A century after World War I ended, the narration of the war is still largely dominated by European perspectives: Silencing the vast global scale of the conflict, obscuring the perspectives of its non-European actors, claiming it to be a four years-episode of carnage that only disturbed Europe’s peace. In the multimedia lecture What Happened Here, artist Kathleen Bomani examines the history and ongoing effects of German colonialism and World War I in Africa. Using archival images, contemporary footage, 100 year-old labor songs and other mediums, the lecture brings to life four years (2014-2018) of research challenging the boilerplate narrative of World War I, and shines light on the unknown carnage of German colonialism. The East Africa campaign which ended in November 1917 was one of the longest and deadliest series of battles on the continent by far: Germany, the United Kingdom, Portugal and Belgium fought against each other by mainly using enslaved African soldiers. Kathleen Bomani digs this heritage out: not to commemorate its passing, but to restore its contemporary meaning.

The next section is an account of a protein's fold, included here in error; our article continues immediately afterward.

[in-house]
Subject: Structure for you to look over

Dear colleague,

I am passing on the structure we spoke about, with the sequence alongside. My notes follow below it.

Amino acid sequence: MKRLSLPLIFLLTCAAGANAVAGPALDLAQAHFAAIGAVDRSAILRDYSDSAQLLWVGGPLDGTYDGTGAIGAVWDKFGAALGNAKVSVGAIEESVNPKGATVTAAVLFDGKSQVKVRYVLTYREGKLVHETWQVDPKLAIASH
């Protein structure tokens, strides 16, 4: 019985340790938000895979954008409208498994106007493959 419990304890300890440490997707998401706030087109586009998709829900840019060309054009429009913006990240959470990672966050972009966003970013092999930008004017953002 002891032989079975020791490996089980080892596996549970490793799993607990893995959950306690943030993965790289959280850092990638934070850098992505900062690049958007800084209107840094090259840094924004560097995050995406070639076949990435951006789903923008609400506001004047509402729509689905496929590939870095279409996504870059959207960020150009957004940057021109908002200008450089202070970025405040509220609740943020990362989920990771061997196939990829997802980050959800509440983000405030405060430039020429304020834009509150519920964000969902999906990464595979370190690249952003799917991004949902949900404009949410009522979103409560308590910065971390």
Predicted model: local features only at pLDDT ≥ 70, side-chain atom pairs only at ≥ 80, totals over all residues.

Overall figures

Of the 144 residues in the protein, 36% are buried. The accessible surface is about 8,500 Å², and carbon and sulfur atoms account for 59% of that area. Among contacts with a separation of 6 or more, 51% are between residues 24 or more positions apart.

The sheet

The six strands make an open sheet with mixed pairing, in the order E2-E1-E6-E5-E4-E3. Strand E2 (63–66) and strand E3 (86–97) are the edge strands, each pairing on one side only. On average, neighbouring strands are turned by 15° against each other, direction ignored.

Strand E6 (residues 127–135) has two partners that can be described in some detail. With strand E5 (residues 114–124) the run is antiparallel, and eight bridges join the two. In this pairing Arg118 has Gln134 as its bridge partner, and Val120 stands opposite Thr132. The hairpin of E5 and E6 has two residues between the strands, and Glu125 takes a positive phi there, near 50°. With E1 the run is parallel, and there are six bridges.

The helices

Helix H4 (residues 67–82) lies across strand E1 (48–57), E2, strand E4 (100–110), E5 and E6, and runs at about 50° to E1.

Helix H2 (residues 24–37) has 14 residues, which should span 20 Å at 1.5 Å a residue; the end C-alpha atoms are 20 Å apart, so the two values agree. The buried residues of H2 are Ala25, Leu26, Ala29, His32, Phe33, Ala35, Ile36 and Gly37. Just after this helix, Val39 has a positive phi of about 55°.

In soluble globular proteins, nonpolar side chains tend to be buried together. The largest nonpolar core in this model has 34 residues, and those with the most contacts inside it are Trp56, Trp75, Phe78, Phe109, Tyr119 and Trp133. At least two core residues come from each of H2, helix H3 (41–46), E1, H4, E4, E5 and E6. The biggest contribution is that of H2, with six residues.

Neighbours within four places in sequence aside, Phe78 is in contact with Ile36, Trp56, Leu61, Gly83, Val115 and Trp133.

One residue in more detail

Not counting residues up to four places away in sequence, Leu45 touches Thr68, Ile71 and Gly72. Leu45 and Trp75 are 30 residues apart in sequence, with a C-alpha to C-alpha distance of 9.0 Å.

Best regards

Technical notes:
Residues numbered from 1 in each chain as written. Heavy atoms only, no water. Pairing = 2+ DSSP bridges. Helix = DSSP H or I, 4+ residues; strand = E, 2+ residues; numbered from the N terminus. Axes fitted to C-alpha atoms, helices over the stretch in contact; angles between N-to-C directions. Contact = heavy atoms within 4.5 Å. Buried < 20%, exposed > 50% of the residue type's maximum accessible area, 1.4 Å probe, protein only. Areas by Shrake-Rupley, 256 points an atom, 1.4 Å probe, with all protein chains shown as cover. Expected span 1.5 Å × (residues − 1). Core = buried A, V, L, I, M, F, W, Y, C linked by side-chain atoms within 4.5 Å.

Wilde, Räuber, Lumpen: Wie Soldaten aus den Kolonien im Ersten Weltkrieg in Europa kämpften von Pankaj Mishra | Textauszug lesen
Performance im Rahmen des Festivals
War or Peace - Crossroads of History 1918 / 2018